Despite What Slate Says, Never Apologize for Sending Your Kids to Private School
I read Family Building with a Twist’s post about the guilt she feels over sending her child to private school which was compounded by the Slate article with the link-baity title and opening:
Title: If You Send Your Kid to Private School, You Are a Bad Person
Lede: You are a bad person if you send your children to private school. Not bad like murderer bad—but bad like ruining-one-of-our-nation’s-most-essential-institutions-in-order-to-get-what’s-best-for-your-kid bad. So, pretty bad.
Right, not link-baity in the least. I purposefully am linking to Family Building with a Twist’s post and not the Slate one, though you will find a link to the Slate one from KeAnne’s post.
Perhaps it is indicative of the poor education the author claimed to get, but her reasoning was so simplistic and dismissive that I don’t really think you need to actually read it to get pretty much the gist of it from this: whether you are sending your kids to private school due to family traditions, a care about their education, religious reasons, behavioural reasons, learning differences, or problems with safety in the local school, you are a terrible person for not opting in to your public school.
As a former private school teacher and product of the public school system who has now sent her own children to both private and public schools, I think I have a fairly decent scope of the situation.
I’ve worked at hoity toity, almost-$40,000-per-year-tuition private schools that served a gourmet lunch on china plates with silverware. I’ve worked at experiential education schools that had no permanent buildings on campus in order to have complete respect for the environment. I’ve worked at happy, friendly, community-building private schools that churned out free-thinkers rather than focusing on hardcore academics. I even taught college for two years at a nice, sprawling public institution.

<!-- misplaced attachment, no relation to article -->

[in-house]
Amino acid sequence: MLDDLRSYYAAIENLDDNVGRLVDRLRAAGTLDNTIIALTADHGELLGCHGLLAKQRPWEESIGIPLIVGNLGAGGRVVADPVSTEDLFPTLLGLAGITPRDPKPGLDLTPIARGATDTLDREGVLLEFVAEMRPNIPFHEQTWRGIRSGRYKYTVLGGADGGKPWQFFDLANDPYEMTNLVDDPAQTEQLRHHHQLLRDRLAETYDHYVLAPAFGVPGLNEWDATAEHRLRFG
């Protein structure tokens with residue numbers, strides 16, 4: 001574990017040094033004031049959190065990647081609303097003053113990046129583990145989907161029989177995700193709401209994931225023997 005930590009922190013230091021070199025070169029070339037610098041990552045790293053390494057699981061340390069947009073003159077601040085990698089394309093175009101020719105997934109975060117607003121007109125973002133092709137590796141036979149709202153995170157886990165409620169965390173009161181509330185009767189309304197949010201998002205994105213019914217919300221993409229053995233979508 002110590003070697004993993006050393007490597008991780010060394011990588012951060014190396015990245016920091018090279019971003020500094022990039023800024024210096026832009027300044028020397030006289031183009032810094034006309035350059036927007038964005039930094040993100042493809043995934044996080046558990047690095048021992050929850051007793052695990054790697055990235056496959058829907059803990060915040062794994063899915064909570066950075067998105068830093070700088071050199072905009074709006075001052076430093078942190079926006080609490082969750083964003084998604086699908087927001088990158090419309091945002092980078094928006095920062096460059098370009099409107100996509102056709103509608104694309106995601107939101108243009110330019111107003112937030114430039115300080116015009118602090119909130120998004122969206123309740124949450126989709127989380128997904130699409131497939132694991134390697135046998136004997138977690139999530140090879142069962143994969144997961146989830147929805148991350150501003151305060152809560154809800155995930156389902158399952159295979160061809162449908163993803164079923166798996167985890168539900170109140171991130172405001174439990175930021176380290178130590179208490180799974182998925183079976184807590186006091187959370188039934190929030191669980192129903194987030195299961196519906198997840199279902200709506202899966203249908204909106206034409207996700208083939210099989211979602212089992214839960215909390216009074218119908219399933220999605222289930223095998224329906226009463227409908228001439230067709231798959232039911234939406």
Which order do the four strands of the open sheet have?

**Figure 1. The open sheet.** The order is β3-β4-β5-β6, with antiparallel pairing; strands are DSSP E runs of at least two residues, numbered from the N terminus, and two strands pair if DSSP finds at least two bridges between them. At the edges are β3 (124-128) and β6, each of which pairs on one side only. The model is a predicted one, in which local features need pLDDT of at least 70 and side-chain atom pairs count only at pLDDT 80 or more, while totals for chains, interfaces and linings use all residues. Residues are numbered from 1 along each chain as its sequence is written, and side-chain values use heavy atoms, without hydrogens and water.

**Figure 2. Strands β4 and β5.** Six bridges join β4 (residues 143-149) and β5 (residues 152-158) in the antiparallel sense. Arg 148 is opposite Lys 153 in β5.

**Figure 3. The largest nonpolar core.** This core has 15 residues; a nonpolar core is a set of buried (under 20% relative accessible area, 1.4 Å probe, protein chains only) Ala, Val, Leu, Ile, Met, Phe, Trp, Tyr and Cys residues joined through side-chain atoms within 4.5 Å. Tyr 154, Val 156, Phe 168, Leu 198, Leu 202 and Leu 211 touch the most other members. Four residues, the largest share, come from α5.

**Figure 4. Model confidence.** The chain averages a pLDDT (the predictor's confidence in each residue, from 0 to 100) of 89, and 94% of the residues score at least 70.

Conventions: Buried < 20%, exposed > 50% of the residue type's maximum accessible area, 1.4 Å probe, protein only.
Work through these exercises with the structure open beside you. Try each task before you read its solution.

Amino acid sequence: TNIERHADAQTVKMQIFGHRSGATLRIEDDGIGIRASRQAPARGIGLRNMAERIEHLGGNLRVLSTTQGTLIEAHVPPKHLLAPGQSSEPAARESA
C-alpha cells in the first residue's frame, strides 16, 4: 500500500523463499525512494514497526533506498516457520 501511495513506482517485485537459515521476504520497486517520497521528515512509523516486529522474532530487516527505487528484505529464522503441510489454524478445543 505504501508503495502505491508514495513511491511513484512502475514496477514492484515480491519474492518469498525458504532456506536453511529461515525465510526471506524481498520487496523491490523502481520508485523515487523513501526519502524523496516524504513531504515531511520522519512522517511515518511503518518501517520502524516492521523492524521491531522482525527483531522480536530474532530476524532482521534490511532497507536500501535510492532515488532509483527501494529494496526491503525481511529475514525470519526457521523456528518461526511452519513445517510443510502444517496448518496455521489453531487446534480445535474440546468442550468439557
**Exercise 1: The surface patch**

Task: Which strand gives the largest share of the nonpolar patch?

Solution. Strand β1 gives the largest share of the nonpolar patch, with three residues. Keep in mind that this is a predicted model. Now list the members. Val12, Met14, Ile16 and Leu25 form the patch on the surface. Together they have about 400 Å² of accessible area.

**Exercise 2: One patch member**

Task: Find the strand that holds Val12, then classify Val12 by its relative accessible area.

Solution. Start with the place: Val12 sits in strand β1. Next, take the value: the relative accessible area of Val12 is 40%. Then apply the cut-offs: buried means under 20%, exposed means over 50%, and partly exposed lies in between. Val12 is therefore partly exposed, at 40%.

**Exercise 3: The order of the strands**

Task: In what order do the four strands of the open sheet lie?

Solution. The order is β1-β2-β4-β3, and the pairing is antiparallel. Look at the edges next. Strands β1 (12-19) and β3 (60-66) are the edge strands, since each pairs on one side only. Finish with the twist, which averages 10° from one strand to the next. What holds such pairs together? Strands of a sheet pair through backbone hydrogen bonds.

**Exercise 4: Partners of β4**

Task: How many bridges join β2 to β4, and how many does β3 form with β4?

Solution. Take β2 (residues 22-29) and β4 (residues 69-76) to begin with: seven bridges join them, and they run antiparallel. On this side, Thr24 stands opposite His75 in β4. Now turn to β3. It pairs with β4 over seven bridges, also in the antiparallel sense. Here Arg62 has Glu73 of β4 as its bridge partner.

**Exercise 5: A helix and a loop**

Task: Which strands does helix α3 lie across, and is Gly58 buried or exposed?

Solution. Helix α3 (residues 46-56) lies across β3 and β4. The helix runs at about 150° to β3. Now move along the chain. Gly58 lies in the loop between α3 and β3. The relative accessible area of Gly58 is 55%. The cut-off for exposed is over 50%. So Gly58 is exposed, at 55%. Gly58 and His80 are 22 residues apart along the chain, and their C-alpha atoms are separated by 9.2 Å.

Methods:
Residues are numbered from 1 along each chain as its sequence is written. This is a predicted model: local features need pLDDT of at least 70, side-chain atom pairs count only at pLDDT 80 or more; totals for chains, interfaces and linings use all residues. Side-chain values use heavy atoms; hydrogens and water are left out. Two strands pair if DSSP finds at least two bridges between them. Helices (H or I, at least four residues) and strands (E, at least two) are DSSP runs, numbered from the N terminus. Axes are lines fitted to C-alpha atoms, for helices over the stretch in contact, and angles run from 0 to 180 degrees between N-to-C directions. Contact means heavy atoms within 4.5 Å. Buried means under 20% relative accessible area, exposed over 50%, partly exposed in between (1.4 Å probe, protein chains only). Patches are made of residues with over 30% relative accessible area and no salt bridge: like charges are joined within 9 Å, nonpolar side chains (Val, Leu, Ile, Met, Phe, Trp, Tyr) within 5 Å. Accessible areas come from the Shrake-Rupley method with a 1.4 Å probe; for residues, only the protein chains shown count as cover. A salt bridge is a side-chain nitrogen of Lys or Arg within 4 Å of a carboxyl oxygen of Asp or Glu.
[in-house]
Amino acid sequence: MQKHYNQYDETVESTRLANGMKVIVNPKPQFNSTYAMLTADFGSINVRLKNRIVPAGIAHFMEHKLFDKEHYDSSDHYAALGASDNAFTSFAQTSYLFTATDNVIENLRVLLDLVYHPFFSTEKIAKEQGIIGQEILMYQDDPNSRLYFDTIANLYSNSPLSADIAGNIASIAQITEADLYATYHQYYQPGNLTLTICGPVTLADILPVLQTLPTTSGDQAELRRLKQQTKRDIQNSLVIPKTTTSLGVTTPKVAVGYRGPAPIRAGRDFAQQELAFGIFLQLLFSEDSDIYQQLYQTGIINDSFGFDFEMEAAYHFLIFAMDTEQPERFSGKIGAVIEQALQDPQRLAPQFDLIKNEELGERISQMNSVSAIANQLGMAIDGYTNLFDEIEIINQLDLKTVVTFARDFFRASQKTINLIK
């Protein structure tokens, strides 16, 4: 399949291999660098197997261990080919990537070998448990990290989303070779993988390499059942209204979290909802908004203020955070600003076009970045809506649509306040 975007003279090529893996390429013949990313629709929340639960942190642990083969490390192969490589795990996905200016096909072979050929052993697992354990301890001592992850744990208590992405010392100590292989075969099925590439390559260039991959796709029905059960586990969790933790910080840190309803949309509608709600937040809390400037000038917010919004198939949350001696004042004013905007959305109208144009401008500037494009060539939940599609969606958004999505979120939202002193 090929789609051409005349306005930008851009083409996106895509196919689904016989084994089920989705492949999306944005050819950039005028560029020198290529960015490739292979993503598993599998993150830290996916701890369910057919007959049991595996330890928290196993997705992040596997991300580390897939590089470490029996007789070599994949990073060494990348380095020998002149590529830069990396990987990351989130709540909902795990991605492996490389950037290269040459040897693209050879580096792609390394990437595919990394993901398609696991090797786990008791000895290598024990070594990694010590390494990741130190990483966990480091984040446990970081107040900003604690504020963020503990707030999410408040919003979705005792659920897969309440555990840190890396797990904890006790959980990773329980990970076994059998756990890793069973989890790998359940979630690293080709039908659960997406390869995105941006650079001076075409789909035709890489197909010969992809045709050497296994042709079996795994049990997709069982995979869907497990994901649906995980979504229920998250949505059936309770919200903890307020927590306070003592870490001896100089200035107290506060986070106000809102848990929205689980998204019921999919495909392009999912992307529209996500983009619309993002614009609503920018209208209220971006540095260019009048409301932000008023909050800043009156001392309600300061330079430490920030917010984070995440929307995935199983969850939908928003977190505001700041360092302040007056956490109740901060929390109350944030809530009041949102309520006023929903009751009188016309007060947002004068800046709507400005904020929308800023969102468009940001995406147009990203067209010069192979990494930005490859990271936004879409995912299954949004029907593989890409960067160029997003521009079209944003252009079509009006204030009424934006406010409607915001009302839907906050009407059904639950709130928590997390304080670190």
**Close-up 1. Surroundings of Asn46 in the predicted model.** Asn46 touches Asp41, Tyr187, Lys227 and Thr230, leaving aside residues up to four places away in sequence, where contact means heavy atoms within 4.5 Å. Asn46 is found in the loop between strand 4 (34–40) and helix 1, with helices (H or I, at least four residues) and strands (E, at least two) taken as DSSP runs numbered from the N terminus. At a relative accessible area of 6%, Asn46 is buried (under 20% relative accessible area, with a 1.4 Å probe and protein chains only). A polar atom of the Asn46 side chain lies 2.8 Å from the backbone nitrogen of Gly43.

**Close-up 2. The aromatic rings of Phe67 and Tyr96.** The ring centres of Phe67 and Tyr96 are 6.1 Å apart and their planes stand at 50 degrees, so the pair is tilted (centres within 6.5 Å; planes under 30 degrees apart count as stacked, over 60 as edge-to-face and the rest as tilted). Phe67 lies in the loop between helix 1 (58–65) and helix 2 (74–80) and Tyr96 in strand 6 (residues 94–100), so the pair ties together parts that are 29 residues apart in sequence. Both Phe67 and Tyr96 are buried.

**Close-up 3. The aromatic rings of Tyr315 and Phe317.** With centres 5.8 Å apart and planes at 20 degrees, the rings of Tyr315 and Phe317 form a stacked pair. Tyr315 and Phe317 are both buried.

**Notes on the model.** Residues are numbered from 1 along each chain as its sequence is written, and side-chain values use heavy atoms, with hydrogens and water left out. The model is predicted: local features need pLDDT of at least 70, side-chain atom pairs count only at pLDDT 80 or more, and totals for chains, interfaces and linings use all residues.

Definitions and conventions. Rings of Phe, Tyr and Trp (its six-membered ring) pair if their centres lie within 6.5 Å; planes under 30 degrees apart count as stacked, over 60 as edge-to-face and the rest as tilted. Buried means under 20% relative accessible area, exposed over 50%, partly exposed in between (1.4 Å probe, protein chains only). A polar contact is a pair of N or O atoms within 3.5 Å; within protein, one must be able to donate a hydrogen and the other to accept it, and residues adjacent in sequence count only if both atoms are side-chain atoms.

And I’ve experienced public school my entire life: from kindergarten through graduate school.
And all I can say is that the school should fit the child; not the other way around. All schools are like huge ships, too big to turn quickly. Private school or public school — they cannot cater to a single child. So just as not every body type fits every article of clothing despite it being the correct size, not every learning type fits every school despite it containing an appropriate grade for your child.
And it’s a parent’s job to make sure that they’ve placed their child in their best learning environment. THIS is more important than public vs. private because in either situation, a child in their wrong learning environment does more to tax and disrupt the system than removing kids from public school. A child scared of the outdoors can’t thrive in an experiental outdoor-ed program, and if placed there, sucks out resources such as the teacher’s attention at a rate that depletes the system. A child who is a free-spirit can’t thrive in a restrictive, traditional, uniform-wearing school. Place them in that environment just because she has a legacy at that school, and what you’ll have is a student who detracts from the community, negatively impacting the education of the students around her.
And the same is true for placing a child who won’t thrive in public school in the public school system.
Of course, there are times when that can’t be helped. Financial realities get in the way. Your home base doesn’t have the resources for your child. There are children who end up needing to remain in public school despite the fact that public school clearly doesn’t fit them. Unlike Slate’s author, I’ll never say the choices are easy. That they’re all do-able. Sometimes, when it comes to your child’s education or their special needs, you have a kid who clearly doesn’t fit the system but there is very little you can do to get them out of that system.
And those are the times when I think we need to offer those kids an apology: I am so sorry that the world is so unbalanced that we can’t even get a child into an education system that fits them.